I can write a web page and in it I can refer to an image and later on you can replace the image and that is replaced with something that has the higher resolution options and it has accessibility options and the languages and something.

>> It is very useful, if I can refer to it in a way that is independent of the server then ‑‑ [ Speaker/Audio unclear due to strong accent ]

>> We really want the pages that we present to the videos can be view able so they can understand what we were doing and why we were thinking in such strange ways.

>> But this independence is part of the server.

If the image ‑‑ if you should look at the mind site of the referring document.

And even if the server sets up a jpeg and the document says know you should pause it as a ping or a [ indiscernible ] then ignore the server.

The architecture is, excuse me, that is it processing what it is serving and it has the right to go through and serve the images later.

That is important.

We don't change the formats slowly ‑‑ very fast, but we do change.

It allows it in the video, clearly.

It is going to be changing.

>> We are just starting down that path.

>> We don't know how the politics and the containers are going to go around the compression format.

>> That is important.

And it is a coupling joint that we can format a video for the URL and formats in the future.

>> All right.

>> [ Speaker/Audio unclear due to strong accent ] negotiation is pretty useful you can do it in the Apache box in several different ways.

You can see on the icon it don't have the ping on it.

They can both exist and the content information is one or the other, whatever the browser is happier with.

>> You should only use the content negotiation and that is either one or the other.

>> You need to by one part, by the access role of the process, you need to use that to change the access role of the file and that gave me ‑‑ [ Speaker/Audio unclear due to strong accent ] ‑‑ and it stated that it is [ Speaker/Audio unclear due to strong accent ], it wasn't actually, it didn't change it wasn't the form it wasn't the same thing.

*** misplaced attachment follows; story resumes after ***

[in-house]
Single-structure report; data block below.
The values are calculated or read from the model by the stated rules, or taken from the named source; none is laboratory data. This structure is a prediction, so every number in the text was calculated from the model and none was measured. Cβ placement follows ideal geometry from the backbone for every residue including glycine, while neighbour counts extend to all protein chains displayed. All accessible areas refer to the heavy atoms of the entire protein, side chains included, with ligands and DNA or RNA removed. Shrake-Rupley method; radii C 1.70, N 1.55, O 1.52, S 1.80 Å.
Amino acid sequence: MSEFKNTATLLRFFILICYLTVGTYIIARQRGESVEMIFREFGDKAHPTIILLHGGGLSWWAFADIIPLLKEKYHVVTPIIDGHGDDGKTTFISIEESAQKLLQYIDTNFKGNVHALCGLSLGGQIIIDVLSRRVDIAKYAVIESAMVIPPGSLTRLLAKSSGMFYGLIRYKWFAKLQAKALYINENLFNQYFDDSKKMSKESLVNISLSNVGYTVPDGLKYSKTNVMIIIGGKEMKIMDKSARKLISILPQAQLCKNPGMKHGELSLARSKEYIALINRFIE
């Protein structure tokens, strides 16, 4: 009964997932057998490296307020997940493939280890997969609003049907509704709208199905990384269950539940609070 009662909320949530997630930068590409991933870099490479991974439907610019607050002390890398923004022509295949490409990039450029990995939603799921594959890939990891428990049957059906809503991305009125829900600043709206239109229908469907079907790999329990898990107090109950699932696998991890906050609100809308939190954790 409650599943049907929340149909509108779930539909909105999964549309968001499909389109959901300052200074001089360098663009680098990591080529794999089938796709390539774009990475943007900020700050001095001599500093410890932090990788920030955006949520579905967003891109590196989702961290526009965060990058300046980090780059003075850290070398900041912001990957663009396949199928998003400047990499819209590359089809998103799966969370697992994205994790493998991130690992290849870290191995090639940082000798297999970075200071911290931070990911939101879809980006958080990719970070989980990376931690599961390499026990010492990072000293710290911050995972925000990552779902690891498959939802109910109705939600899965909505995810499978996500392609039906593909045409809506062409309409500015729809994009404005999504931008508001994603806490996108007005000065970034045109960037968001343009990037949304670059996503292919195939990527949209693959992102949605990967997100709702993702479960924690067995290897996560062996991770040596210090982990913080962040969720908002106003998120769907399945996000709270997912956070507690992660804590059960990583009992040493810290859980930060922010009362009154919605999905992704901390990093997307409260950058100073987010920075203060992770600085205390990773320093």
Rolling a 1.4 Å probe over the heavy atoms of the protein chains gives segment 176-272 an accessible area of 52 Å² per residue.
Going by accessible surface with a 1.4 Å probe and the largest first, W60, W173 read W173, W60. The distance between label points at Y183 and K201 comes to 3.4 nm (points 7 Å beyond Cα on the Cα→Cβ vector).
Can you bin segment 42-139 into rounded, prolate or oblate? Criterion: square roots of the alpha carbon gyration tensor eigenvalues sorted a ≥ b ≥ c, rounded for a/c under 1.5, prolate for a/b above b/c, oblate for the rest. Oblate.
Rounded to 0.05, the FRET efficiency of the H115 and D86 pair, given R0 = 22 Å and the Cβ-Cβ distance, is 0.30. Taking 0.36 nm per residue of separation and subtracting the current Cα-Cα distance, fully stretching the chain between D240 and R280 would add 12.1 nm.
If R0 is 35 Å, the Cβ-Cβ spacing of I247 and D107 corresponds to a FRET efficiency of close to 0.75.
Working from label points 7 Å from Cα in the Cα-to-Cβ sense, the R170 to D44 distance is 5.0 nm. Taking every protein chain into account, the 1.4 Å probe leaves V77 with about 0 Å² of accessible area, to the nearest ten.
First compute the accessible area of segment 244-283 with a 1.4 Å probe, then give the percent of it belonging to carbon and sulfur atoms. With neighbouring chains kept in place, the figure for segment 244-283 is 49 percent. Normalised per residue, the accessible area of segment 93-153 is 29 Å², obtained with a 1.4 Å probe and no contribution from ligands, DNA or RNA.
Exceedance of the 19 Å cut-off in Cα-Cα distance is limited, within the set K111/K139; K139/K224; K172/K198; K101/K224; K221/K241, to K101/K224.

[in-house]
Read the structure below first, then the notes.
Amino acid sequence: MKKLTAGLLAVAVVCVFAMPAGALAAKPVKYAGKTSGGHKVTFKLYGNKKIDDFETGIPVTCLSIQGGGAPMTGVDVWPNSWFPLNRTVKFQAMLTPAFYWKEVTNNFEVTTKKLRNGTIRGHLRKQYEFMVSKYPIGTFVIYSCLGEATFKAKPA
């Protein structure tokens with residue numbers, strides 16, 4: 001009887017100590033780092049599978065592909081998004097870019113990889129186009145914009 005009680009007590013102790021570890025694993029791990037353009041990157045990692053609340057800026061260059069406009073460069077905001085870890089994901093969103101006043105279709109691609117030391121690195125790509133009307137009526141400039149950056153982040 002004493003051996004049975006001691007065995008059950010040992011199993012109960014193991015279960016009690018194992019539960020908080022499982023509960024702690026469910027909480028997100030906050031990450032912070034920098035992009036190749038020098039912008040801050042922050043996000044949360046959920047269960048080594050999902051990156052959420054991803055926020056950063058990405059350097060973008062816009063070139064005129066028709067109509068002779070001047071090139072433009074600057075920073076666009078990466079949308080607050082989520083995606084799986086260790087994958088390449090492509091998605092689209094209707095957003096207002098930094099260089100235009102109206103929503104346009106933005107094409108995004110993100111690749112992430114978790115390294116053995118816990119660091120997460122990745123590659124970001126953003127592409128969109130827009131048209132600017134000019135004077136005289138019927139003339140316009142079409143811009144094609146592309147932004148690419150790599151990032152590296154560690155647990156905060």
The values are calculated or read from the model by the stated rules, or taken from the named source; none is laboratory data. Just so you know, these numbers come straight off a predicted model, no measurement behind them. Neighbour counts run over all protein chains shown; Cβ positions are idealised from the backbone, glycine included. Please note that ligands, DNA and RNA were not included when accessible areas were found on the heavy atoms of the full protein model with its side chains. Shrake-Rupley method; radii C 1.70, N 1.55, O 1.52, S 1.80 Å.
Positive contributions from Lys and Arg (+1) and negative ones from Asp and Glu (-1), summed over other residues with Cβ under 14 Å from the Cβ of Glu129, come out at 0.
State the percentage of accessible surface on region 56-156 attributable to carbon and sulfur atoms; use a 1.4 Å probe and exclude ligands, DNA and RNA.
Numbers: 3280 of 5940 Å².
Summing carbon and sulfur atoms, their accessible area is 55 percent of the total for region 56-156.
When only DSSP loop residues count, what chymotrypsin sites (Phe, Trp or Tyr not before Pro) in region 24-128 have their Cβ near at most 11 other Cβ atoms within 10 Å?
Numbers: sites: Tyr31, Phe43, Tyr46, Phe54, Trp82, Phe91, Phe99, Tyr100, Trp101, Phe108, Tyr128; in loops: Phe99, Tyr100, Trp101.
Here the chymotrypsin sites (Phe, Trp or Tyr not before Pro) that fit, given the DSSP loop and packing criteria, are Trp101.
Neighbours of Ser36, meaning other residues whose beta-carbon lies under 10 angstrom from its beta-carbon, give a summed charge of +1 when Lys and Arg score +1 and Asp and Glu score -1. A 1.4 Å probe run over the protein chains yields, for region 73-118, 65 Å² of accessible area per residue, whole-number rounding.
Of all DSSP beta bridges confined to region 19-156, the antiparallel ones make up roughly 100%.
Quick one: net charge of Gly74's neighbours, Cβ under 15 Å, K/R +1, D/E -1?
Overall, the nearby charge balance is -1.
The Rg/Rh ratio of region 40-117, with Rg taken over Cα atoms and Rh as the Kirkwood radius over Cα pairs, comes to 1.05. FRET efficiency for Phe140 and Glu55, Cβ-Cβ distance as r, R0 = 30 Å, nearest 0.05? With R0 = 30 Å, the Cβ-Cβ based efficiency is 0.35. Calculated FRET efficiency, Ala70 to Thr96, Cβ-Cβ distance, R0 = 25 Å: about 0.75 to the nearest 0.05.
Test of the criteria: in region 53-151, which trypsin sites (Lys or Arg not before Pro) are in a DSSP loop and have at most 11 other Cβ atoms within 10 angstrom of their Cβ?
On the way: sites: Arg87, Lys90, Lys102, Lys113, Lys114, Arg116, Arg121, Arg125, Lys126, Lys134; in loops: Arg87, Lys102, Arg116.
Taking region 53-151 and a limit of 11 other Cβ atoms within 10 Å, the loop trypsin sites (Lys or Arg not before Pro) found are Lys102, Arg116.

>> We have the examples and sometimes we use that as the information.

>> But if you are looking for that HTML you are looking for that information.

>> That is not a good idea.

>> If you have the sometime information that you can send from the peer or the HTML.

Make sure it is a HTML.

>> There is a bug in a lot of common operating systems.

>> This is a new way of extending the new mind types and that is putting in the hook to help clarify the new identifications.

If you have the calendar and you download the calendars what happens?

>> So you have the calendar mind type and then it launches the calendar program and it launches it on the ICF files and it makes sure it is generated on the extensions and so that the buyer is not confused or endanger?

>> What is the problem with it?

>> The problem with it is when it fires up the calendar application, and then it doesn't describe the URI.

And what it wants to do is the describe that feed.

And that is a bug here.

>> So when you pass something along on the operating system and the A PI, please know that you put the URI on the command line, because that will help the application.

>> So when you do that ‑‑ so when that happens, the [ indiscernible ] example is that ‑‑ that is when they tend to use the web ‑‑ [ Speaker/Audio unclear due to strong accent ]

>> That is only to get around the box.

>> And the complete URI scheme.

And I haven't talked an 't the URI schemes you shouldn't use them really and invent them.

>> We have heard a huge amount about it today.

>> When you are fine tuning it we don't want to offer you want.